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Arshad Khan

“Today in Somalia, every single minute of every single day, a child is admitted to a health facility for treatment of severe acute malnutrition. The latest admission rates from August show 44,000 children admitted with severe acute malnutrition. That is a child per minute.

“A child whose mother has walked for days to get her child help. A child whose body is fighting to survive. A child whose life hangs in the balance.

“Severely malnourished children are up to 11 times more likely to die of diarrhoea and measles than well-nourished children. With rates such as these, Somalia is on the brink of a tragedy at a scale not seen in decades.

“And, of course, the children behind this staggering, appalling statistic are those who actually make it to a treatment centre. In a country where access to the most vulnerable is continually hampered by terrorism and threats to aid workers, we fear many thousands more children are not reaching the support they need.

“In response:

  • UNICEF is deploying mobile teams to ‘find and treat’ children with malnutrition, thus seeking to reach children in hard-to-access locations;.
  • We have treated more than 300,000 children this year for severe acute malnutrition.
  • UNICEF’s emergency water trucking has reached 500,000 people in just the last three months.

“But funding challenges remain. Whilst substantial funds have come in over the past months  – thanks to USAID, the UK Government, and the European Commission – long-term funding is part of the critical change needed to prevent famine from happening, again, and again. For instance, UNICEF’s three-year appeal to help families and their communities build resilience in the Horn of Africa region is currently just 3 per cent funded.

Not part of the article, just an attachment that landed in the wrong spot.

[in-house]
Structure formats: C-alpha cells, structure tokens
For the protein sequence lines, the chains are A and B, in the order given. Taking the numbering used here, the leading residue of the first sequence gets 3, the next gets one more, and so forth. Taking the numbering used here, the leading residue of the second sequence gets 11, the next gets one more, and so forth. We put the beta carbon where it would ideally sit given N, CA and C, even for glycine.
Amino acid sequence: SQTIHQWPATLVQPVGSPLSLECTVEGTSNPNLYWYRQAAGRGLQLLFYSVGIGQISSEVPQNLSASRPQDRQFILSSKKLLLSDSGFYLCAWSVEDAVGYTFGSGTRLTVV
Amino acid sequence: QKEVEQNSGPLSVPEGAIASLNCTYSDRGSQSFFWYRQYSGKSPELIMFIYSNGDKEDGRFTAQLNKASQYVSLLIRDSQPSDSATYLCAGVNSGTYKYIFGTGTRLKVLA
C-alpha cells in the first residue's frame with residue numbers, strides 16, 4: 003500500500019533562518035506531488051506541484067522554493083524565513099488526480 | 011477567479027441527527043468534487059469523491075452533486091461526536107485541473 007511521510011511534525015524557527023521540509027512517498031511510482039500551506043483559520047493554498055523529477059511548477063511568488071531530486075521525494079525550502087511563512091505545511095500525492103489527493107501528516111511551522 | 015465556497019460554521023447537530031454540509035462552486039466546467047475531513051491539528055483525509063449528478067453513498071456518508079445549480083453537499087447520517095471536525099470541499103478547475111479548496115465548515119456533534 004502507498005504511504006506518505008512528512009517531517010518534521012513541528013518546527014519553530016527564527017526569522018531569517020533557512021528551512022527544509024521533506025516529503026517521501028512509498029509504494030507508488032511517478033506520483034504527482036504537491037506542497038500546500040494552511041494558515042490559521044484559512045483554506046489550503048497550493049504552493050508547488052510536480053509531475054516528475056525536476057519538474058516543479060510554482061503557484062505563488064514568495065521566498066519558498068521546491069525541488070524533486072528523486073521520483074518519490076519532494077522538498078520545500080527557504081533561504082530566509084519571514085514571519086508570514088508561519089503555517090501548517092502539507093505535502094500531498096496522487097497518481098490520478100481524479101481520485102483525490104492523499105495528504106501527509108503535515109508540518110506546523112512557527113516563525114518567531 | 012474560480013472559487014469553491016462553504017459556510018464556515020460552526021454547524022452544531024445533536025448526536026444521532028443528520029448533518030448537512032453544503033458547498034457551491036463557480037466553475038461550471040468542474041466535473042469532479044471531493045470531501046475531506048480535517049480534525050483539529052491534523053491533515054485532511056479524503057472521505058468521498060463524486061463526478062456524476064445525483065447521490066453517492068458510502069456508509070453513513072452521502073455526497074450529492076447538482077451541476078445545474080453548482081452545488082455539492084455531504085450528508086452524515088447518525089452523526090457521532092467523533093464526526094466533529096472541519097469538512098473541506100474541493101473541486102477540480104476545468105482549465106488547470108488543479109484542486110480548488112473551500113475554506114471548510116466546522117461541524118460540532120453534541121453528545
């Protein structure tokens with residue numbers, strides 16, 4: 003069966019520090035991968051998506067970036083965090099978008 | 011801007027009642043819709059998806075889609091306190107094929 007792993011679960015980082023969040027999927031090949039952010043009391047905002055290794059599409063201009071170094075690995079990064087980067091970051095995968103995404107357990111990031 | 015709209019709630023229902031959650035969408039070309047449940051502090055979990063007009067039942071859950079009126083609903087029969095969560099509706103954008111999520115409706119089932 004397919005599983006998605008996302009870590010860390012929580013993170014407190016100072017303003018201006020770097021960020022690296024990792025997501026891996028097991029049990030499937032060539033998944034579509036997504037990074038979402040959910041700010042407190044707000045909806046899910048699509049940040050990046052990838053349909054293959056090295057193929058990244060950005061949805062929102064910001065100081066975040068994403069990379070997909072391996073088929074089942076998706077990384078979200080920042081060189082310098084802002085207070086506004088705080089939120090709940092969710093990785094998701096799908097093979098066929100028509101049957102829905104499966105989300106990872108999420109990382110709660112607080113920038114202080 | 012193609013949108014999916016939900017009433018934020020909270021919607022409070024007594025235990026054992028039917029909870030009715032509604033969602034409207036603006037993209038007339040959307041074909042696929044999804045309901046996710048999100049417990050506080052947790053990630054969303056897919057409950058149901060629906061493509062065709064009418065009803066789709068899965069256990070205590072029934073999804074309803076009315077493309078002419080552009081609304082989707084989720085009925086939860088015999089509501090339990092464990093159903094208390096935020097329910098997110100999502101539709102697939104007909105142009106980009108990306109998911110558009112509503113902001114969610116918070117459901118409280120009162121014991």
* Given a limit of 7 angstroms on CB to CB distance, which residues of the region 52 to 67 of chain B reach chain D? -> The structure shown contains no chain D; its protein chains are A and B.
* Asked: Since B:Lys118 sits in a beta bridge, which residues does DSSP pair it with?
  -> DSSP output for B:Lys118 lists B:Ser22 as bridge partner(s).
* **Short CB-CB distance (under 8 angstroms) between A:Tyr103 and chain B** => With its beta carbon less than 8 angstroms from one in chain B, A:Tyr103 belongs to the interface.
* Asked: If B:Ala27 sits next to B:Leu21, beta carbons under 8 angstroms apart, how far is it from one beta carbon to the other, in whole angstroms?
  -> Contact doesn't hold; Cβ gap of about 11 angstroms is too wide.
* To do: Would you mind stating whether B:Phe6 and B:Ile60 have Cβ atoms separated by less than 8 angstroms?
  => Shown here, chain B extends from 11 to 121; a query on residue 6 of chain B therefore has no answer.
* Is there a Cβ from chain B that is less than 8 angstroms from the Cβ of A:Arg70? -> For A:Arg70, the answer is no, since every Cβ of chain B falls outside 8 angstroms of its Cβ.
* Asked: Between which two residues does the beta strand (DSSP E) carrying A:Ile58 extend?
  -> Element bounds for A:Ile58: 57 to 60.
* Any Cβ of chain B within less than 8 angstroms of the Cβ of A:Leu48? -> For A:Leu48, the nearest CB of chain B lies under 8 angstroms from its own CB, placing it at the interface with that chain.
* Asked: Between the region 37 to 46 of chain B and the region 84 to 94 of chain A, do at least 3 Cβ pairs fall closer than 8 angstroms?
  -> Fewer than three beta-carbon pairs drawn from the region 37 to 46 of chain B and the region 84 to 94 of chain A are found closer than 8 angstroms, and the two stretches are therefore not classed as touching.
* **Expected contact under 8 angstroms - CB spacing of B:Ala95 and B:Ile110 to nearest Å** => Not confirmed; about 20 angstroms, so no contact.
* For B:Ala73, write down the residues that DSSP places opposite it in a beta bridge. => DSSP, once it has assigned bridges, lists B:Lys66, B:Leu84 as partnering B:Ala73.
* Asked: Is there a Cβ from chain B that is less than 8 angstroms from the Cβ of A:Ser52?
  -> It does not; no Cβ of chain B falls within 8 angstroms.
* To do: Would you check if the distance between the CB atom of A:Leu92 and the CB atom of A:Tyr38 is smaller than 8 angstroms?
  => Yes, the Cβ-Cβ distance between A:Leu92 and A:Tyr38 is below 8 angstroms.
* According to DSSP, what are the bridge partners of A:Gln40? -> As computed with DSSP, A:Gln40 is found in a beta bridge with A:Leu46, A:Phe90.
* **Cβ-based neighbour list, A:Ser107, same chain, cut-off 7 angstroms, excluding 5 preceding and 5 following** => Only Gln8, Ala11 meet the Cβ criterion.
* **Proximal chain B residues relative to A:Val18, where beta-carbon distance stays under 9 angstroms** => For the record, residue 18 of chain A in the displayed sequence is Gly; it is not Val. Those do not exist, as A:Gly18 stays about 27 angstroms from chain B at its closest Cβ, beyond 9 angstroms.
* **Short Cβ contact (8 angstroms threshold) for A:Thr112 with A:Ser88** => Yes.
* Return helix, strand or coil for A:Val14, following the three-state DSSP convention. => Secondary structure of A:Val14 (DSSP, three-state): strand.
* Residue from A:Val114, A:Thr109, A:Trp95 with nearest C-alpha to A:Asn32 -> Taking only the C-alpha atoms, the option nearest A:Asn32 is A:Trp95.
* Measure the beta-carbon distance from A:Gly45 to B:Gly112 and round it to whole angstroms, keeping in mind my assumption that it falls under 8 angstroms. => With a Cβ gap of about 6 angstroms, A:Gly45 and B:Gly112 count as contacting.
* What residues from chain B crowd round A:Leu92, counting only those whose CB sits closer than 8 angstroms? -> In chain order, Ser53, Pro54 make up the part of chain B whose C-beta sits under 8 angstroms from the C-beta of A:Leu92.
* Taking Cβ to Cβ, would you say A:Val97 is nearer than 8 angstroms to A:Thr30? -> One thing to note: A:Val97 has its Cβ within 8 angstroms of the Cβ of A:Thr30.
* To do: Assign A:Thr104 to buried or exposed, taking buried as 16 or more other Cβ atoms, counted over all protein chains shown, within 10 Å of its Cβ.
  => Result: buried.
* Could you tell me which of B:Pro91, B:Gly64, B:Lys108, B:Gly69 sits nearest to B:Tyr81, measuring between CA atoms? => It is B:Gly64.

“When people speak of the crisis facing Somalia today, it has become common for frightful comparisons to be made with the famine of 2011 when 260,000 people died. However, everything I am hearing on the ground – from nutritionists to pastoralists – is that things today actually look worse.

“In 2011, after three failed rains, the affected population was half of what it is now, and the overall conditions – rain and harvest – were on the mend. Today: it’s been four failed rains; the forecast for the fifth rains is looking pretty grim, and the affected population is twice the size of 2011. Things are bad and every sign indicates that they are going to get worse.

“Without greater action and investment, we are facing the death of children on a scale not seen in half a century.”

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